“My doctor is telling me I cant work, but I also cant have my house go into default,” Caputo says. 

But being on her feet through 12-hour shifts made treatment side effects, especially back and joint pain, kick into overdrive. “The physicality of my job was really difficult to tolerate,” she says.

The physical burden was too great to take on more work, but the extra money also wasn’t enough to keep her afloat. Fortunately, her brother stepped in and covered 6 months of her mortgage payments.

Financial Toxicity Impacts Families

Although financial toxicity research to date has largely focused on the patient, researchers are also starting to understand that family members and caregivers often share in the burden. 

“We are just at the beginning of realizing that this is a real problem,” says Fumiko Chino, MD, a radiation oncologist at Memorial Sloan Kettering Cancer Center in New York City. 

Chino and colleagues recently showed that family members of patients with cancer were more likely to delay or forgo medical care than family members of people without cancer. The study, published in July, found the effect was greatest among family members of younger adults with cancer. 

“The caregiver and family burden related to cancer diagnosis and treatment is really underappreciated,” says Chino. “Family members and caregivers are neglecting their own health concerns, passing up career opportunities, struggling with financial concerns.”

Chino speaks from personal experience. When her fiancé, later her husband, was diagnosed with neuroendocrine carcinoma in 2005, Chino quit her job as art director at a television production company to take care of him.

The couple, both in their 20s, struggled to afford his care. Chino put her own dental, medical, and mental health care on hold. She never, for instance, went to physical therapy to address injuries she got from sleeping in hospital chairs and moving around her husband, who was over 6 feet tall. At one point, she walked with a limp.

Chino’s husband passed away in 2007, and even 15 years later, her injury from sleeping in hospital chairs remains “a significant physical burden,” she says. But like many caregivers, “I wasn’t really thinking about my own health.”

Danielle Hadfield, 35, an ER nurse in Rochester, NY, also delayed her own care when her mom got sick. 

She quit her job shortly after her mom was diagnosed with cholangiocarcinoma in August 2020. Hadfield knew her mom, who lived 3.5 hours away in Albany, NY, would need a lot of care in the upcoming months. 

“I knew this was going to be the last year or so of her life, and I wanted to be there for her,” she says.

When Hadfield quit her job, she and her husband – who was self-employed – purchased health insurance coverage through the New York State Marketplace. The monthly insurance payments for Hadfield (who was pregnant with her second child), her husband, and their toddler cost as much as the family‘s monthly mortgage payments

In addition to providing child care for her young daughter and making frequent trips to Albany, Hadfield began a side business as a legal nurse consultant, working mostly at night, to replace part of her lost income. During this time, she began to have pain attacks that would migrate through her body, along with tongue and facial numbness that came and went. She ignored these health issues for nearly a year, until after her mom died in November 2021.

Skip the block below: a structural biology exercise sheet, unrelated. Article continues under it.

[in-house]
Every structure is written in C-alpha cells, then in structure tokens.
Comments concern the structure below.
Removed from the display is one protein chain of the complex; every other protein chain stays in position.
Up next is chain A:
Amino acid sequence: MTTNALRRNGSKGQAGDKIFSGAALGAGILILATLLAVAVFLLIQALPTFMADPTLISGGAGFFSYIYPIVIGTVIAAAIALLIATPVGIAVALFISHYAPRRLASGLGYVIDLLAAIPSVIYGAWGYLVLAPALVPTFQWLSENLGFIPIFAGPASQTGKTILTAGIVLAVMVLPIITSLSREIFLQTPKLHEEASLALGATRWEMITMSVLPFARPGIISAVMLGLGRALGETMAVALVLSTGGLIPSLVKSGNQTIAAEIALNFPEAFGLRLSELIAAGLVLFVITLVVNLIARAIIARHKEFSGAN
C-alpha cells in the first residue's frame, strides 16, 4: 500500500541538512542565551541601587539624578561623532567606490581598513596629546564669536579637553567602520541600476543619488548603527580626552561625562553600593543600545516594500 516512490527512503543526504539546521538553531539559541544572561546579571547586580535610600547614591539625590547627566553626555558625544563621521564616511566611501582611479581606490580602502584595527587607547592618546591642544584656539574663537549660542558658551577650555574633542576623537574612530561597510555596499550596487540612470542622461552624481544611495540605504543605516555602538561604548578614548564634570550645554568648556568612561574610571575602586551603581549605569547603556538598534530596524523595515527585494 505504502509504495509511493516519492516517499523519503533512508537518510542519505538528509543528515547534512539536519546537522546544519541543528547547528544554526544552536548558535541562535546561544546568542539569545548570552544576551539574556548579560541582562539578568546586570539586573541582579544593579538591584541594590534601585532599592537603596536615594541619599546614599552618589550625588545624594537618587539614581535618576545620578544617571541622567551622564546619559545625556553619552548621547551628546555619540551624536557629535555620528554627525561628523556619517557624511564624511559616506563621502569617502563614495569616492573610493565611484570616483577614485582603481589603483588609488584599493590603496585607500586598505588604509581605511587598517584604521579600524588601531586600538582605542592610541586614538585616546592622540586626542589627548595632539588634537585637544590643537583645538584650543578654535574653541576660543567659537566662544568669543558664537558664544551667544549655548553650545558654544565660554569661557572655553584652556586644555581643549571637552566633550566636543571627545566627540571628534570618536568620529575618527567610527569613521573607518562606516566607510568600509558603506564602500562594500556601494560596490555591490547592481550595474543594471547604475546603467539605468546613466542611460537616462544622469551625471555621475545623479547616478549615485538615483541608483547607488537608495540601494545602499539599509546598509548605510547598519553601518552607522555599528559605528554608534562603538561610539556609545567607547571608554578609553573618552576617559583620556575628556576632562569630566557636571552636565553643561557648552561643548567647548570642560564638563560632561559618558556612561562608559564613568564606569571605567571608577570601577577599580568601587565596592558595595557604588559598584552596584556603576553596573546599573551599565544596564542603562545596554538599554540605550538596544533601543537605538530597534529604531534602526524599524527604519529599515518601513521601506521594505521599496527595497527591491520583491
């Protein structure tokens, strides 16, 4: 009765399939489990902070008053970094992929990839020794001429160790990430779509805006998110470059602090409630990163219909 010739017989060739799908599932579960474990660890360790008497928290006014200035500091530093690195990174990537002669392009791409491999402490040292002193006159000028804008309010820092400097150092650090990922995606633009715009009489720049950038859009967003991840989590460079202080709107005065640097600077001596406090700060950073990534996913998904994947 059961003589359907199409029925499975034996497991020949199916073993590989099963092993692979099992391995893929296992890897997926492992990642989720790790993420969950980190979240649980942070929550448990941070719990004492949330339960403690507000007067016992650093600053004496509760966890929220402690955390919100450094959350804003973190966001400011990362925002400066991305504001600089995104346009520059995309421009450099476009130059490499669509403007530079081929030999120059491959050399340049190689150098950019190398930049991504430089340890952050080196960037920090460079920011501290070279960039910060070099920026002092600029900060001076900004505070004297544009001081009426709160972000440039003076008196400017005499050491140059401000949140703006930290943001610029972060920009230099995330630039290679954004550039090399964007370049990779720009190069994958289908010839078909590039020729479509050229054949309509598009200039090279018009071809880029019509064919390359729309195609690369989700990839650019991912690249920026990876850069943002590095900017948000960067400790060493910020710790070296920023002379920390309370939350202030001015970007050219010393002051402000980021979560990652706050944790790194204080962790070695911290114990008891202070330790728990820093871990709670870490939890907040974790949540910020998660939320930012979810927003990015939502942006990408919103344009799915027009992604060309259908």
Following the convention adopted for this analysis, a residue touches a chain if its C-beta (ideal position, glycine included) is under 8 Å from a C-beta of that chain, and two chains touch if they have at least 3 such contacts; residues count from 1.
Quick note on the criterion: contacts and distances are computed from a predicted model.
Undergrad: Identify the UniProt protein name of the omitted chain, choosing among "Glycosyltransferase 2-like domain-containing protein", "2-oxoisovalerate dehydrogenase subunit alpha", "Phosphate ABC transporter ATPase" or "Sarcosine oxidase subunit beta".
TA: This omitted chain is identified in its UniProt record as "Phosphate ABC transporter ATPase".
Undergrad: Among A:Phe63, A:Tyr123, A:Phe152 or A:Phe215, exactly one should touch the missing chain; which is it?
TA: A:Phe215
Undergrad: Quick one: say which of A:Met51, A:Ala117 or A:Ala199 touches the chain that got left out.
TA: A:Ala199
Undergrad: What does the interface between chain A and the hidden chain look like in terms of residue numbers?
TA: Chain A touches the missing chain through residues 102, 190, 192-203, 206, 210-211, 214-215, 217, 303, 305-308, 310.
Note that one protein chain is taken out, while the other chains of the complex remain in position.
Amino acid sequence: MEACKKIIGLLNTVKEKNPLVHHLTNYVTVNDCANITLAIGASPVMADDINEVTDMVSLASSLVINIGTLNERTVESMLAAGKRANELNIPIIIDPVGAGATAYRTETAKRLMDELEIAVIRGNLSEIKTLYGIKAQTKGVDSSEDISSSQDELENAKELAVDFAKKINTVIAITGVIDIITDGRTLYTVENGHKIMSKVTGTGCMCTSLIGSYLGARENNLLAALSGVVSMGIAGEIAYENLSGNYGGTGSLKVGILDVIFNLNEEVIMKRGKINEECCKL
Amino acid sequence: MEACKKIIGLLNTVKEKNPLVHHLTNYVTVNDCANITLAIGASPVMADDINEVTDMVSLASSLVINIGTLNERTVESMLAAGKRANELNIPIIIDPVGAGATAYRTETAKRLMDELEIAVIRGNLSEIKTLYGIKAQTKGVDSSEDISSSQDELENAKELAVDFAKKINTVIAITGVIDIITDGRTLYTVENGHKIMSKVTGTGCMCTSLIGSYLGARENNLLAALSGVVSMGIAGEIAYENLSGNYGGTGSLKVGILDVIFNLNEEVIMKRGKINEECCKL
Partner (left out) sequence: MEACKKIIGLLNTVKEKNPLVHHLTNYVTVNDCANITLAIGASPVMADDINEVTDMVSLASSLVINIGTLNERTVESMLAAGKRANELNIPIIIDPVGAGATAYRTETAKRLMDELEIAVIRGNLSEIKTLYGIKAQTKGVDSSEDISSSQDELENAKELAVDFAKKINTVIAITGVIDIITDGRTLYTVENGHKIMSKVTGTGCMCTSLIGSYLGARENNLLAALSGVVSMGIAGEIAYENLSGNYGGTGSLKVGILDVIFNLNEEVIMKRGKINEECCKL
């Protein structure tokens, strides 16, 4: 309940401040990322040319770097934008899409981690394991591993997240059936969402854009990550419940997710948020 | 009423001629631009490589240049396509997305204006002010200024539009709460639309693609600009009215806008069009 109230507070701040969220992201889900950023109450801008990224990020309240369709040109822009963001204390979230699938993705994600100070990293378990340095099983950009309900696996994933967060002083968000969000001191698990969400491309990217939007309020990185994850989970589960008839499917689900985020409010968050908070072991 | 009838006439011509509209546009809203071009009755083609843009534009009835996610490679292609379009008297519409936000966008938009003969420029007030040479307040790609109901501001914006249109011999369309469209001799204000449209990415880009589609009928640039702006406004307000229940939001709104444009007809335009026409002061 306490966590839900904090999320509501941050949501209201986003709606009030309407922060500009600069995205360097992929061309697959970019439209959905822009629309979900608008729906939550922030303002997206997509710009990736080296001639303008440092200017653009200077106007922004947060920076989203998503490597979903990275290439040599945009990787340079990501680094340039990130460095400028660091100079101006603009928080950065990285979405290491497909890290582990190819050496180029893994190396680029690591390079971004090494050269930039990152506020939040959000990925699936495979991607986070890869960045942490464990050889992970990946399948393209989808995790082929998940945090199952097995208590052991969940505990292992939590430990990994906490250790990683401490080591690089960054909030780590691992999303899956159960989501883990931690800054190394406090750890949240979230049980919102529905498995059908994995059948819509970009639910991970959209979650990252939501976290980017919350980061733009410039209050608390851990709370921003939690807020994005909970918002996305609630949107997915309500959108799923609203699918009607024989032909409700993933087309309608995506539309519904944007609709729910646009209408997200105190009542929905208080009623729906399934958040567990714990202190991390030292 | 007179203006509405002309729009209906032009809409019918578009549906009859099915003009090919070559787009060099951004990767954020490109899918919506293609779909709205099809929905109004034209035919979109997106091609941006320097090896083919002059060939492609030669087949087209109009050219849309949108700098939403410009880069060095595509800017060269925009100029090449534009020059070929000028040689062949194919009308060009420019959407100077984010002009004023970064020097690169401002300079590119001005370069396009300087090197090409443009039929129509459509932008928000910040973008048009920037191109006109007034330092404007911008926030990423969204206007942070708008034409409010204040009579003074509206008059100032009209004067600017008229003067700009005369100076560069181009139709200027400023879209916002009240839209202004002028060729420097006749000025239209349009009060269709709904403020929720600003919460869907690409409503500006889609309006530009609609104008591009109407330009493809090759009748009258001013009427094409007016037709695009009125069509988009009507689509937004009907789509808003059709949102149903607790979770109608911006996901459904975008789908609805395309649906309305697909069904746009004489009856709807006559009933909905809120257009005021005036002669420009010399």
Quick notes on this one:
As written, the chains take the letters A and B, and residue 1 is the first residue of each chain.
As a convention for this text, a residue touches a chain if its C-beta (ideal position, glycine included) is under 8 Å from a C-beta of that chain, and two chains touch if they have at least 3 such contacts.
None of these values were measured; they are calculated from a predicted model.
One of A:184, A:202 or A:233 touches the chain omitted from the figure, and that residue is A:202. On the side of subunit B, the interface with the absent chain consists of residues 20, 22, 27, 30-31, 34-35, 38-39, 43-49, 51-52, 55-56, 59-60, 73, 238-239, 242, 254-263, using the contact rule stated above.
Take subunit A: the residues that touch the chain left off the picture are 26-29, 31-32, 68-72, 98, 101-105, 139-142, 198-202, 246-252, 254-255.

Only after her mother passed away did Hadfield begin seeking answers to her own pain. In September 2022, she finally got them. She had a nerve condition called small fiber sensory neuropathy. 

But even with a diagnosis, she is still facing more tests to root out the cause and understand the best treatment. 

Is Help Out There?

What can doctors do to help patients and families at risk for financial toxicity? 

Specific ways to deal with financial toxicity do not exist in most professional guidelines, nor are there standard screening tools to identify it, says Li Smith. 

These gaps put pressure on doctors to ask about financial barriers and concerns, but most do not know how to broach the topic or how to help. “Physicians may not know how to fix the problem or what resources exist,” Li Smith says. 

Patients and family members, on the other hand, are often reluctant to bring up cost with doctors. Some may be ashamed to talk about their financial problems, while others may fear doing so will prevent them from being offered the best possible treatments, says MacDonald, the mother of five who thought about taking her own life.

But, experts say, financial toxicity needs to be dealt with head-on. That means involving financial navigators or counselors and social workers who can, for instance, help patients and families find financial support for their basic living expenses. 

From a research perspective, more clinical trials should include financial toxicity outcomes, says Joshua Palmer, MD, a radiation oncologist at Ohio State University in Columbus. 

Palmer and colleagues recently showed that the number of radiation therapy clinical trials including financial toxicity results increased significantly from 2001 to 2020, though the rate remains low. 

“Financial burden is part of the broader discussion about shared decision making,” says Palmer. 

In shared decision making, doctors discuss the risks and benefits of different treatment options, empowering the patient to make an informed choice with the doctor. 

What we want to avoid is patients feeling like they will get inferior care, if they have financial barriers, Palmer says.

And every little bit can help. In 2006, MacDonald started the Pink Fund – a nonprofit to help patients with cancer cover non-medical cost-of-living expenses. Both Stephanie Caputo and Brittany Dicks received grants from the Pink Fund. For Caputo, the funds covered 2 months of car payments, and for Dicks, it covered 2 months of rent.

While the one-time grant was a big help, said Dicks, cancer is an everyday thing.” And “we all deserve peace of mind” when trying to heal.